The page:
Indeed, these findings of fact lay at the heart of this case and in the findings of job and wage competition as I shall attempt to show to you Your Honors in fact or conclusive of the legitimacy of the unions' contentions in this case.
Although the plaintiff's here in case 310 attack the unions' regulations and so far as they pertain in all fields of musical endeavor, both courts below considered that the primary -- indeed the main attack concern the so called club-date field which was by stipulation said to be single engagements concerning social affairs such as Bar Mitzvahs or weddings and other comparable social events.
The plaintiffs in fact in this case, the four remaining plaintiffs do perform and there is a finding to the effect that they perform primarily in the club-date field.
The so called non-club-date field would include theatrical engagements, opera recordings, nightclub acts, and engagements of that type.
The club-date field again is single engagements concerning social affairs.
Now, in order to understand the nature of this particular field and the manner which these particular engagements come about, it might be helpful to describe the -- some of the testimony of the witnesses as regards the method by which a so called club-date comes about.
Normally, the purchaser of the music, the sponsor of the social affair will approach a given musician.
You might have met that musician before, seen them in the previous engagement or he might even be a relative.
In some circumstances where the fact that a given engagement is to come about that there is to be a Bar Mitzvah that there is to be a wedding is known the musician will approach the sponsor of the activity himself seeking the engagement.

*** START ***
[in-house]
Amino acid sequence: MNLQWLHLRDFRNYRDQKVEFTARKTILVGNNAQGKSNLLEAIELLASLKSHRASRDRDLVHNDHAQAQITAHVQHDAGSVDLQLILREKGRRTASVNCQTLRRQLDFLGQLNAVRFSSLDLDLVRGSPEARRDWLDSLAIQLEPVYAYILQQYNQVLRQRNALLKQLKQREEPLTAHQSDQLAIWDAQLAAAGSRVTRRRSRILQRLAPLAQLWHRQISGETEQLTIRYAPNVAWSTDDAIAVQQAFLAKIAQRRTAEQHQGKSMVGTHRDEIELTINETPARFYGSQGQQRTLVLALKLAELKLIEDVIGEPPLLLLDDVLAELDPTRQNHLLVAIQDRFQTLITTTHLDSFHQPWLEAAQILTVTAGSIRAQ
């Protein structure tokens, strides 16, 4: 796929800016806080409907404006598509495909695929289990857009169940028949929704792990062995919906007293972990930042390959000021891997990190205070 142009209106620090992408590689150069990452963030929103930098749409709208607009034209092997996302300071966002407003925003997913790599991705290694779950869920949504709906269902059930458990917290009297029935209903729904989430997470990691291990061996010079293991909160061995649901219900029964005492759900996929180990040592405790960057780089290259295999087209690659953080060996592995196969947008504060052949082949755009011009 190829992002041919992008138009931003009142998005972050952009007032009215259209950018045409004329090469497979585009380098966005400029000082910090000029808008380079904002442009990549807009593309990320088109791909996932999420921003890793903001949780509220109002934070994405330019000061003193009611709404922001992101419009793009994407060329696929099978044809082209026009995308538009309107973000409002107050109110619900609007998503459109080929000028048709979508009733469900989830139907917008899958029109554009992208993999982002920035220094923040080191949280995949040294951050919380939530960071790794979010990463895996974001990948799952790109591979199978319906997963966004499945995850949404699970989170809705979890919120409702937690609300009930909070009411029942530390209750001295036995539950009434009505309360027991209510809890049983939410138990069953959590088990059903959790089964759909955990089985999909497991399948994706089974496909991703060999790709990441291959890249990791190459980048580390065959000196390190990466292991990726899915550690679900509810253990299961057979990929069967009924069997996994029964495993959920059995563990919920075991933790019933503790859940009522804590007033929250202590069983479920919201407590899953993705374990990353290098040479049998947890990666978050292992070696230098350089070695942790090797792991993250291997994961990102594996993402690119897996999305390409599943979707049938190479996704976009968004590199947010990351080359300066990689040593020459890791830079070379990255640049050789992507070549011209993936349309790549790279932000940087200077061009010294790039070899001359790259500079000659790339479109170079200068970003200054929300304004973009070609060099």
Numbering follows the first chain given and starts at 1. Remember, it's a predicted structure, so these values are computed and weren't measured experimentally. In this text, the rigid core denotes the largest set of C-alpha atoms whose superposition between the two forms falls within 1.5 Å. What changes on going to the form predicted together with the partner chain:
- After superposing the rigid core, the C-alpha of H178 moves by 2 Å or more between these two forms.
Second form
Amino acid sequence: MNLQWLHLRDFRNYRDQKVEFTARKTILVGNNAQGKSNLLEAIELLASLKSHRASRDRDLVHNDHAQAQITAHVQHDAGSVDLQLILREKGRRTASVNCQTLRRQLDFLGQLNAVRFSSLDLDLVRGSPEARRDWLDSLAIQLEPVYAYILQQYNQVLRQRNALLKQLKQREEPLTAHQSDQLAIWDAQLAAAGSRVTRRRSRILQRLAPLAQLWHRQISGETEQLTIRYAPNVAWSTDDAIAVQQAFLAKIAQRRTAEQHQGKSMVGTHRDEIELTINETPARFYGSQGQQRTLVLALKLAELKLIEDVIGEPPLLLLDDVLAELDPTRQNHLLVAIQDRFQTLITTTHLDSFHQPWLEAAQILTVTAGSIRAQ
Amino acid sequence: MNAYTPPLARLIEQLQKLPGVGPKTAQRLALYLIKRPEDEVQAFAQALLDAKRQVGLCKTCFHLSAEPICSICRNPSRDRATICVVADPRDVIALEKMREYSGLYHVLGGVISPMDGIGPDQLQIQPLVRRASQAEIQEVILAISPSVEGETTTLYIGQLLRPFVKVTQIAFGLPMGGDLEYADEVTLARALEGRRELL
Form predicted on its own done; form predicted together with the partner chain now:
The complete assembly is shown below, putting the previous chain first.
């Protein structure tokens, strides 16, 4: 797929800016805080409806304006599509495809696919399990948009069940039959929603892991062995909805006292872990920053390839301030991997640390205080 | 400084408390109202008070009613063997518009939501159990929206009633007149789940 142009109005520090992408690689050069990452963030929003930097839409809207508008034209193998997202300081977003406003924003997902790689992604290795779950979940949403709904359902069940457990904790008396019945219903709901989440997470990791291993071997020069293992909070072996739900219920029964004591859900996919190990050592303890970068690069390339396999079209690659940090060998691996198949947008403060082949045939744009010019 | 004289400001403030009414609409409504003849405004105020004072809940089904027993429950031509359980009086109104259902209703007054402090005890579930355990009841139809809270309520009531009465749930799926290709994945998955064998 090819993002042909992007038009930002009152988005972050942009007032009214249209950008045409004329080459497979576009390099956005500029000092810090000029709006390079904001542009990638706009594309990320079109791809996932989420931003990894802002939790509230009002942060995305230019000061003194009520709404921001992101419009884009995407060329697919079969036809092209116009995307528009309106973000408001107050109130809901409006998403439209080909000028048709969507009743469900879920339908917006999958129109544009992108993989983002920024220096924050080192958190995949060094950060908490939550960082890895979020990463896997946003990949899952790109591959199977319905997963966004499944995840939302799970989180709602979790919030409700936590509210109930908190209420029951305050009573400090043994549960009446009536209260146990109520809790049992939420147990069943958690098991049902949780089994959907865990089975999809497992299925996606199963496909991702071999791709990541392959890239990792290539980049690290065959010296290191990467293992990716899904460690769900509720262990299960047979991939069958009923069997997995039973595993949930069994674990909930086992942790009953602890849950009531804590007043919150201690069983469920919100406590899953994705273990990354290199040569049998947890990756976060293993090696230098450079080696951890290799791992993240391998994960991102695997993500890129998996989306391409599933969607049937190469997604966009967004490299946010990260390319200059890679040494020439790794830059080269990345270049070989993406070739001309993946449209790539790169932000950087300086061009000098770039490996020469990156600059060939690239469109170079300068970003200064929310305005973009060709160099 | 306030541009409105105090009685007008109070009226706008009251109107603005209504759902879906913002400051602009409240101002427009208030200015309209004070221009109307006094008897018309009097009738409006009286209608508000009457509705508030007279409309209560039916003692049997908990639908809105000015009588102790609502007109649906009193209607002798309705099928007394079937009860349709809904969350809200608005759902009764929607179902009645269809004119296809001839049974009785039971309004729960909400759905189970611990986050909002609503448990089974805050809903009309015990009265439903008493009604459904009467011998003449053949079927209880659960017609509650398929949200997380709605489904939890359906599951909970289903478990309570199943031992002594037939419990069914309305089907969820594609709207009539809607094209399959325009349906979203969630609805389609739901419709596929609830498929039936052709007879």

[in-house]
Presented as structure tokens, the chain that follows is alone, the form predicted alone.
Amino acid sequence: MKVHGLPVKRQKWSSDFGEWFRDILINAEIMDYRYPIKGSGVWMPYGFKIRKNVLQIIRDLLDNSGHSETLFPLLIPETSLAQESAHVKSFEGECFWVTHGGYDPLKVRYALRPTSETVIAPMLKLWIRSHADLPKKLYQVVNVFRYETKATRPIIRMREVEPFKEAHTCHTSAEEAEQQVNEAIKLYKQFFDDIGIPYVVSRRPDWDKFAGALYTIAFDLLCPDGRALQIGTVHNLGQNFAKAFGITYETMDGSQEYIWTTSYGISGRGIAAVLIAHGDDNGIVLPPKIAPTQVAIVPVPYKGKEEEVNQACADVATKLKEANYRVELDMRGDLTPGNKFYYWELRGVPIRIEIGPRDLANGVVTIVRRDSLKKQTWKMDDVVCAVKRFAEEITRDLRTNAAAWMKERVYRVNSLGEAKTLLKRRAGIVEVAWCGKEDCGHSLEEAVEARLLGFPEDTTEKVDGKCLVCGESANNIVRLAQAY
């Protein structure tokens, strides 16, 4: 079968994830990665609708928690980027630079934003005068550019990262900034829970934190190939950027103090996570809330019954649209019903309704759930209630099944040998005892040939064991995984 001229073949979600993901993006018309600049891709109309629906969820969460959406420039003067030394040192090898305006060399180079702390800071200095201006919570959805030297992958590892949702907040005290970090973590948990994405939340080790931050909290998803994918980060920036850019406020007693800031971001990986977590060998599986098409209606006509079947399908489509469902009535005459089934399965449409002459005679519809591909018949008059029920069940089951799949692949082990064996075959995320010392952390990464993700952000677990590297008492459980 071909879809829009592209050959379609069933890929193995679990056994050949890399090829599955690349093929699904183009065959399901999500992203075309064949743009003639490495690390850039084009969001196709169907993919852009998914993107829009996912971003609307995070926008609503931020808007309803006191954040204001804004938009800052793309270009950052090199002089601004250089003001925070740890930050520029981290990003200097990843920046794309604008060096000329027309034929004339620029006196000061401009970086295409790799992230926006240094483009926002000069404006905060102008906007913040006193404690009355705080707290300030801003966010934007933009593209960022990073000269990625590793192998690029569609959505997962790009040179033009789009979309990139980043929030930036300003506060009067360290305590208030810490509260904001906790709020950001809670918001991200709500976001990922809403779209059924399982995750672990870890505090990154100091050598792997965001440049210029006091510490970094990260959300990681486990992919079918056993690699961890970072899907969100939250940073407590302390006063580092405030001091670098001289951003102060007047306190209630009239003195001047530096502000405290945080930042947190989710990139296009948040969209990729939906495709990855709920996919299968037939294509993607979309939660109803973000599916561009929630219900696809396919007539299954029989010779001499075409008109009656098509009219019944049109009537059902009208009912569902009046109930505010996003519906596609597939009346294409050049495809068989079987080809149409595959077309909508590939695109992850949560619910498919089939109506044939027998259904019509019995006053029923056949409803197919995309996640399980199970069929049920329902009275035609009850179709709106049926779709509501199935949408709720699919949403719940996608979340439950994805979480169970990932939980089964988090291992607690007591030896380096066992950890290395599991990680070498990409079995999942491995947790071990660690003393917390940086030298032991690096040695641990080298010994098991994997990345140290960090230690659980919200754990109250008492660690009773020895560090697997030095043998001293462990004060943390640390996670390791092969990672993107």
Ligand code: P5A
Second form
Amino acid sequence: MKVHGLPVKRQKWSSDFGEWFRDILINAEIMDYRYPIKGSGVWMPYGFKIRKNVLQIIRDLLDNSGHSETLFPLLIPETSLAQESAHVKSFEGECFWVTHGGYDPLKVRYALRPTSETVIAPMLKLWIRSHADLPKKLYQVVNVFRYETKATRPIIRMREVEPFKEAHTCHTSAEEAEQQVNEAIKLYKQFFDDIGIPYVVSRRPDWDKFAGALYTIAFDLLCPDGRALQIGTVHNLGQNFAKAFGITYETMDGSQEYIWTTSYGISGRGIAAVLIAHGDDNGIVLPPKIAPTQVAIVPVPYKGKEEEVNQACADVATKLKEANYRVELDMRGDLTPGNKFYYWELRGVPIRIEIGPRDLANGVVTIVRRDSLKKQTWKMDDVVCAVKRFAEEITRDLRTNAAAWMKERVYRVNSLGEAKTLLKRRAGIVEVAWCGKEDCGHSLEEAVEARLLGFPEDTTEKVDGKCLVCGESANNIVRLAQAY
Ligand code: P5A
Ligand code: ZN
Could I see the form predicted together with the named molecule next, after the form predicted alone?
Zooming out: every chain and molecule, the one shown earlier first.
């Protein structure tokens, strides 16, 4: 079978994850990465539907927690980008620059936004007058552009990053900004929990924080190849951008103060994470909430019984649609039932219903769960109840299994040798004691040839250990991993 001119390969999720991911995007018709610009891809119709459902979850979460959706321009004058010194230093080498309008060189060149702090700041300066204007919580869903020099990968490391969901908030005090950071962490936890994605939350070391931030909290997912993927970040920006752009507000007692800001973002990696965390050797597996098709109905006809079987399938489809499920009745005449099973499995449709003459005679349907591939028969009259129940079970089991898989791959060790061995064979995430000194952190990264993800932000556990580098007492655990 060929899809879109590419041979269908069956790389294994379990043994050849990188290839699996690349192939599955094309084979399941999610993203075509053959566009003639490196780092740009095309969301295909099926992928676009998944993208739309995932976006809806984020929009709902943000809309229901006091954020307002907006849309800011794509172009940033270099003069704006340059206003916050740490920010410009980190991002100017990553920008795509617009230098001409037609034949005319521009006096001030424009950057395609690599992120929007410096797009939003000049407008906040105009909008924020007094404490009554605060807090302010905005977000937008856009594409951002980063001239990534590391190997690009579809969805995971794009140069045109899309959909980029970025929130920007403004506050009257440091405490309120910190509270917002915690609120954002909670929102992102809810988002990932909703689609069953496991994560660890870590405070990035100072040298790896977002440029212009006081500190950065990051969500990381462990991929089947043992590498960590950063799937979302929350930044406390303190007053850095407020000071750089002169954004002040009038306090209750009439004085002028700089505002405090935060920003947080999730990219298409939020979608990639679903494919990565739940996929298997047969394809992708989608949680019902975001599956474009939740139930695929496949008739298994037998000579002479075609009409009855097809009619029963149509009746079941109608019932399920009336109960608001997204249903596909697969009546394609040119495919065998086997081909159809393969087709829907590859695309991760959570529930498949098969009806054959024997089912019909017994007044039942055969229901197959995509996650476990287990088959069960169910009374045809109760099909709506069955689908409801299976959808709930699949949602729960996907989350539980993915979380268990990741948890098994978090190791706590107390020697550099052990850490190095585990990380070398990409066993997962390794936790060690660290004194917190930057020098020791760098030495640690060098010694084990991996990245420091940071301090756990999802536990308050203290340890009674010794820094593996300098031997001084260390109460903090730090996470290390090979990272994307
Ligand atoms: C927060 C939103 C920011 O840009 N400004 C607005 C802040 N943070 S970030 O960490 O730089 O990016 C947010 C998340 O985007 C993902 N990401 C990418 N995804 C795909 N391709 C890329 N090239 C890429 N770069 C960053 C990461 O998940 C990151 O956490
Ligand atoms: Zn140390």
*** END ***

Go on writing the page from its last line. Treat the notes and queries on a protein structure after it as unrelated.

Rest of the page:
Now, when the sponsor of the engagement in the pawns of the trade, the purchase of the music engages that particular musician and to obtain to play that engagement and to obtain the other musicians who will play, that leader by that act becomes the leader for the engagement and he then undertakes the responsibility of playing that engagement, obtaining the other musicians who will play who are called sidemen, straight instrumentalists.
Now the particular musician who has assumed the responsibility of leader might be acting his particular time for a leader for the first time of his life, for the hundredth time in his life, he might -- the very afternoon on which he is to play as a leader that evening, perform as a sidemen.
The fluidity and the interchangeability of functions in this field as outlined in the record and is in the findings of fact is considerable.
Musicians perform in many fields.
They perform in the club-date field, the non-club-date field.
They are sometimes leader and sometimes sidemen.
Yes Your Honor.
On each engagement, there will be someone performing the leaders function.
Now at -- in response really to what Justice Harlan has just said, at each engagement, there will be a person who will perform the conducting function and that is the leader's function, the obligation to conduct.